Inherent Responsibility to Teach Globalization:
Initial Reaction to Globalization and Advocacy
Published: June 30, 2010
Laura Joy Perales
This essay explores
important take-aways from Unit One in Wilkes University’s EDIM 207 Course,
Globalization and Advocacy, under the tutelage of instructor Luke Lyons.
The purpose of this essay is to examine the relationship between
globalization and education through the writing of experts in the field
including Thomas Friedman, Kathy Hytten and Silvia Bettez, and Marcelo
Suárez-Orozco and Desirée Qin-Hilliard. These texts introduce some
important concepts and theories about globalization, its varied effects, and
implications for changes in educational practices. The essay focuses on the
necessity for teachers to integrate the instruction of globalization into
all curricular endeavors.
The earliest ancient civilizations were lone entities, functioning in complete isolation. The geographical borders created mountain ranges and large bodies of water kept these civilizations in isolation… until boundaries were crossed. Naturally, societies develop belief systems and ways of governing. The more advanced a society became, the more likely they were to cross physical boundaries to get resources. The result is a junction by which societies undergo change through exposure to outsiders. So begins the story of globalization, in its earliest stages. What is required of an individual member of society in 1500 B.C.E. and today has transformed because of the convergence of societies since the beginning of human history. For students to understand their role in society, we cannot teach them in isolation from the rest of the world. The geographical boundaries which once separated us no longer do. We are connected to a global society, which necessitates the educator’s obligation to teach globalization in schools so that students will be prepared to compete in the global workforce.
Consider the isolation of the earliest societies in human history. M. Suárez-Orozco and D. Qin-Hillard, authors of Globalization Culture and Education in the New Millennium (2004), claim that those conceptions which gave meaning to human lives were “structured primarily by local geography and topology, local kinship and social organization, local worldviews and religions” (p. 2). Through developments in time, inevitably, ancient cultures intersected. Despite the consequences of hostile takeovers, there was an immediate exchange of ideas, values, culture, belief systems, goods, and language. This cycle continued throughout history, more and more aggressively, until the present, where we are virtually connected to nearly all societies around the globe. Coatsworth claims that globalization is “what happens when the movement of people, goods, or ideas among countries and regions accelerates” (as cited in (Suárez-Orozco & Qin-Hillard, 2004, p. 1). That acceleration has created interconnect communities, big and small, with access to the world at large, economically, politically, culturally, or intellectually. Juxtaposed within each cultural collide, we overcame boundaries and built new perceptions of the world, each time changing us, each time leading to advancements in society. Our eyes were opened, but not just ours – those all over the globe.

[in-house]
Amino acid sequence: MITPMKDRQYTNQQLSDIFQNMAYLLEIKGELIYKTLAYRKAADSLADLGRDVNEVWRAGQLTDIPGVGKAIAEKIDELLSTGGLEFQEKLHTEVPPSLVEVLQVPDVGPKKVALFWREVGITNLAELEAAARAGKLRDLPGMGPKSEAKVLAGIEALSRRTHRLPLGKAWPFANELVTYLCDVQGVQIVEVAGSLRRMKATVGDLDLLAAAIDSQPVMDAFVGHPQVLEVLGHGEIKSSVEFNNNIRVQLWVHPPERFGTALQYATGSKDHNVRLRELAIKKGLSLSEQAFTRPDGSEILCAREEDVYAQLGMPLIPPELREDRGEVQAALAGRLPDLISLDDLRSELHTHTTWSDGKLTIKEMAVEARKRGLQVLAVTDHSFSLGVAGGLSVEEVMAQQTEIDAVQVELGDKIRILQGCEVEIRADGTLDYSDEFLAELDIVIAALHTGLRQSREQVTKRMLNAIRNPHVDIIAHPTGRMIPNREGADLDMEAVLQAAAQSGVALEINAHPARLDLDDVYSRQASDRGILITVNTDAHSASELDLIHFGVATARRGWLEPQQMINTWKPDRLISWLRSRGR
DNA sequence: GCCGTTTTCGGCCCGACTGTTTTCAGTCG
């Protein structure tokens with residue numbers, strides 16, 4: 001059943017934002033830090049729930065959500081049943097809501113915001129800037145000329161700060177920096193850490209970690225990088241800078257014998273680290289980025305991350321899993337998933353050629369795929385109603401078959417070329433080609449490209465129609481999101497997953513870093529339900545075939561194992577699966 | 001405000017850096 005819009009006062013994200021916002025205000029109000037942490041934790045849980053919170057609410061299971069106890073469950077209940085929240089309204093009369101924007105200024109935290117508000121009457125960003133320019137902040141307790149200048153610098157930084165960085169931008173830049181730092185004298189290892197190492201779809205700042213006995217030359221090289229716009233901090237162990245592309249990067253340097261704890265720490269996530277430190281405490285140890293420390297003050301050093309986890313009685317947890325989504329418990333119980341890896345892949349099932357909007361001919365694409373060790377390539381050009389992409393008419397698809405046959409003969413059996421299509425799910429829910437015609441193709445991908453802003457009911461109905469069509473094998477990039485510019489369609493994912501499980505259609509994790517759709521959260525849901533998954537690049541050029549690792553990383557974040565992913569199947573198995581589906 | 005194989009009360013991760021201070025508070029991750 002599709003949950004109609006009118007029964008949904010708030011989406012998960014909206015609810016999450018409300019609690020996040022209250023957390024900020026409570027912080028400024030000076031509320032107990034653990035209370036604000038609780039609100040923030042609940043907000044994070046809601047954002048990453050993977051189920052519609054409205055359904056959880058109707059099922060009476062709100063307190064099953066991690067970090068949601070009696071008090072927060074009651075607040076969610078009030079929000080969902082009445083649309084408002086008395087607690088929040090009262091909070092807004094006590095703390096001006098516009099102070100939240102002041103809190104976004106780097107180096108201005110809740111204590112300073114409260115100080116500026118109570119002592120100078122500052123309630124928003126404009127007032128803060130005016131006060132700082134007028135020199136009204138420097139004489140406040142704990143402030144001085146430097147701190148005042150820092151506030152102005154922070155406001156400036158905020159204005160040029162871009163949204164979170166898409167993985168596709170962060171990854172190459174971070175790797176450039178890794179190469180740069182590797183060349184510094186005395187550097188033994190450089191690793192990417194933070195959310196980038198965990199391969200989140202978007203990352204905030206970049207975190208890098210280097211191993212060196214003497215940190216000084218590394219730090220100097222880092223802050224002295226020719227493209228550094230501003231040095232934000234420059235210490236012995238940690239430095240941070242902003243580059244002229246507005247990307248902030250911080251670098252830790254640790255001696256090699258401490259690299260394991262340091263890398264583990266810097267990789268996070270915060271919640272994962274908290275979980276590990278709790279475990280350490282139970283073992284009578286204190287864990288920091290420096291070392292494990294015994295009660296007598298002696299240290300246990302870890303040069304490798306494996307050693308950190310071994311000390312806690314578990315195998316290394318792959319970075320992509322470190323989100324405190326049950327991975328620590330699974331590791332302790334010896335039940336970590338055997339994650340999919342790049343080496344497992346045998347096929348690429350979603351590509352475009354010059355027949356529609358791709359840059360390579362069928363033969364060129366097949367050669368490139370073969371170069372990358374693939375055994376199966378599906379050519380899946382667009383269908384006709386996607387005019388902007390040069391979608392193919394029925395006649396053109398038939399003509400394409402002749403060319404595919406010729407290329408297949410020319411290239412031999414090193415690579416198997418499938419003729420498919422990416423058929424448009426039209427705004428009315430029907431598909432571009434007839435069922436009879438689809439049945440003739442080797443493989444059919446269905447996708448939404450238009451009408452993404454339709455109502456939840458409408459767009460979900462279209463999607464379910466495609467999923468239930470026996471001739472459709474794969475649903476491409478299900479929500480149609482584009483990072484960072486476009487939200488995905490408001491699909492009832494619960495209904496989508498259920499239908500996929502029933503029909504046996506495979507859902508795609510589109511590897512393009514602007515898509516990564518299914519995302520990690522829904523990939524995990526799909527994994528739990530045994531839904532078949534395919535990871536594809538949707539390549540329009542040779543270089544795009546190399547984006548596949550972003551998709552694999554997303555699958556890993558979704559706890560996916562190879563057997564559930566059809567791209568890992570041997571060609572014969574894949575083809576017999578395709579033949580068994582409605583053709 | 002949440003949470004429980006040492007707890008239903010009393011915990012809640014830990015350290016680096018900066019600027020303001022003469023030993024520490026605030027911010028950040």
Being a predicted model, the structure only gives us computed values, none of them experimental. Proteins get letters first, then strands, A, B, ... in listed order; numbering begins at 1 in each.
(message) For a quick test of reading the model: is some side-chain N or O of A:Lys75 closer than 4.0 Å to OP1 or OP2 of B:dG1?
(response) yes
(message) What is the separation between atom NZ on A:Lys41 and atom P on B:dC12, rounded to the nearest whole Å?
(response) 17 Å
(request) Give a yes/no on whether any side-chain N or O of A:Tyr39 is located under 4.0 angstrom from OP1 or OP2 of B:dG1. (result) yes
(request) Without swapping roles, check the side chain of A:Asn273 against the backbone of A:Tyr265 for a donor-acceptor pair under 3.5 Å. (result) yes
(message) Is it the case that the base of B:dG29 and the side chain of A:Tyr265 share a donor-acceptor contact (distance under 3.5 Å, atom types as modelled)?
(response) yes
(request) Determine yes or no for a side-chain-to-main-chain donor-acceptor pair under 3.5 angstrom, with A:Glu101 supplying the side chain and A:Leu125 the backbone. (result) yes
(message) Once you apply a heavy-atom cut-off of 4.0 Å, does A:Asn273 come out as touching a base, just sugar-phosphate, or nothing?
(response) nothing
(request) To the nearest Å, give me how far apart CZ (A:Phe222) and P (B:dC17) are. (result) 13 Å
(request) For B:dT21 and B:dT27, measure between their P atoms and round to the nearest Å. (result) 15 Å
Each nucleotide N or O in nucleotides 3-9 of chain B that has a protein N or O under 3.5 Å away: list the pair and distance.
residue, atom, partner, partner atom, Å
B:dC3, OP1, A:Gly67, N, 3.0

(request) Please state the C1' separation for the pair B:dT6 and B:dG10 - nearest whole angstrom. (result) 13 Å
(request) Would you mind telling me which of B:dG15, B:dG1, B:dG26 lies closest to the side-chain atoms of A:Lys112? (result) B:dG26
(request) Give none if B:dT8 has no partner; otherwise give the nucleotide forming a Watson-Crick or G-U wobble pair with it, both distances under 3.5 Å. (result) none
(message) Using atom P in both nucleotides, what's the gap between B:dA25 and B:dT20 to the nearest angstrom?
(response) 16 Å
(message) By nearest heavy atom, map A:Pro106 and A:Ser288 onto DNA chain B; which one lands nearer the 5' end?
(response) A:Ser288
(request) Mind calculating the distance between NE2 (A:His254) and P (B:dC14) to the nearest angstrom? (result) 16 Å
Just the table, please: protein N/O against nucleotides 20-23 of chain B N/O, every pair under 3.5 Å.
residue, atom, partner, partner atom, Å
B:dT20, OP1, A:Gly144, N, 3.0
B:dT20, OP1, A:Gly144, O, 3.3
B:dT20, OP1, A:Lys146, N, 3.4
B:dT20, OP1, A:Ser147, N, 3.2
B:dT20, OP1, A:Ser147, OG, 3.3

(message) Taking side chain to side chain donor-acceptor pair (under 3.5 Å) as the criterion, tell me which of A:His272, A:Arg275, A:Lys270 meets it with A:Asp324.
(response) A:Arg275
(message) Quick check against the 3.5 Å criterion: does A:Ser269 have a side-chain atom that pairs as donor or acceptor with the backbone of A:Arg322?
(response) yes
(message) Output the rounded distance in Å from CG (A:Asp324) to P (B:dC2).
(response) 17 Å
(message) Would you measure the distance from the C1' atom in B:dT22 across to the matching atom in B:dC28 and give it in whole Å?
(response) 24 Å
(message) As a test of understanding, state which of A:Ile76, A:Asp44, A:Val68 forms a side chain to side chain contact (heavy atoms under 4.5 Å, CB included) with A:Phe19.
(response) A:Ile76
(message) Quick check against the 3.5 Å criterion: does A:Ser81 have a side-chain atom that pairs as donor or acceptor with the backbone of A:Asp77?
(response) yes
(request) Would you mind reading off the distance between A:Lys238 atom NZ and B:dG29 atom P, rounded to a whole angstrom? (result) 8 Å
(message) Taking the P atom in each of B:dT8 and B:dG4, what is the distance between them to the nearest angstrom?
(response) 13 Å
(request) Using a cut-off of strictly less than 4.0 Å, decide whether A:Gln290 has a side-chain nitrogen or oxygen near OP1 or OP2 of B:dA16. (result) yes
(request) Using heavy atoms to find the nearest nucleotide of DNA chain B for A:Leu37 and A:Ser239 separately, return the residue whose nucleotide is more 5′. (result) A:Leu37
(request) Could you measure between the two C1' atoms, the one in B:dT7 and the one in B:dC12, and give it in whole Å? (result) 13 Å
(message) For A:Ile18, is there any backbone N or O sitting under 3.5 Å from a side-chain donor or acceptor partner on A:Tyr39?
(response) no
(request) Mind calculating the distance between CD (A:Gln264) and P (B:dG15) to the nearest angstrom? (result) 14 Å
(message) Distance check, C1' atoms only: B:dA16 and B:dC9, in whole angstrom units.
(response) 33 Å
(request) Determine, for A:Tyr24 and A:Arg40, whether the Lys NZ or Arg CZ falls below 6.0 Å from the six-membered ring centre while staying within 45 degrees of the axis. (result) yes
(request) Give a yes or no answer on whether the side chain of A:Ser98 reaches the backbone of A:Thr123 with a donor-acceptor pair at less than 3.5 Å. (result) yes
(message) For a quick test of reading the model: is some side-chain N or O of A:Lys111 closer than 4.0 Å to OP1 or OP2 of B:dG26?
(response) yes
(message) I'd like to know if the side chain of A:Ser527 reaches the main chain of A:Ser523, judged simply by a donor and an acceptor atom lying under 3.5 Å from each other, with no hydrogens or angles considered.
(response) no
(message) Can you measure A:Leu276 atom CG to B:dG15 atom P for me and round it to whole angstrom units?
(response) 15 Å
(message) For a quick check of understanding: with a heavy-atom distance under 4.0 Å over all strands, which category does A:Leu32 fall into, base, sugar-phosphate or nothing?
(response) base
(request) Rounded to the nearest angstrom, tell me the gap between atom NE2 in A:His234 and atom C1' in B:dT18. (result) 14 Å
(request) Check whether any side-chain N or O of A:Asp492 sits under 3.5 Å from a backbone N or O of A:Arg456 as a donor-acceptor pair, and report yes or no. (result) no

Globalization challenges the status quo, and that is how we move forward. The message of Thomas Friedman’s (2005) article, “It’s a Flat World After All” is not to disrepute the fact that the world is round, but rather that the playing field of the world has been flattened, as explained by Nandan Nilekani, CEO of the Indian company Infosys. This Flat World means that “countries like India were now able to compete equally for global knowledge work as never before, and that America better get ready for it” (Friedman, 2005, p. 2). Basically, since the beginning of America, the world shrank from a large size to a tiny size where nearly everyone has access to the rest of the world through a few clicks and keystrokes.
The United States sees itself as a powerful entity, but with globalization, there is “nothing that guarantees that Americans or Western Europeans will continue leading the way” Friedman, 2005, p. 5). Therefore, as educators in a system “predicated on the need to impart values, morals, skills, and competencies to the next generation” p. 2), we are going to need to give students the knowledge and skill-sets to complete globally for jobs. As Suárez-Orozco and Qin-Hillard (2004) put it so succinctly, “[i]t is by interrupting… the taken for granted understandings and worldviews that shape cognitive and metacognitive styles and practice – that managing difference can do the most for youth growing up today” (p. 4). Students need to know about globalization because it is affecting them now, and will play a big part in determining their futures.
“It’s a Flat World, After All”. The New York Times, April 3, 2005.
Hytten, Kathy & Silvia Bettez. (2008). Teaching Globalization Issues to Education Students:
What’s the Point?
Equity & Excellence in Education, 41(2), 168-181.
Suarez-Orozco & Qin-Hillard. (2004). Globalization, Culture, and Education in the New
Millennium. University of California Press. Berkeley, California. 1-37
Author: Laura Joy Perales
Published: June 30, 2010 in Perception
Volume 1: Issue 2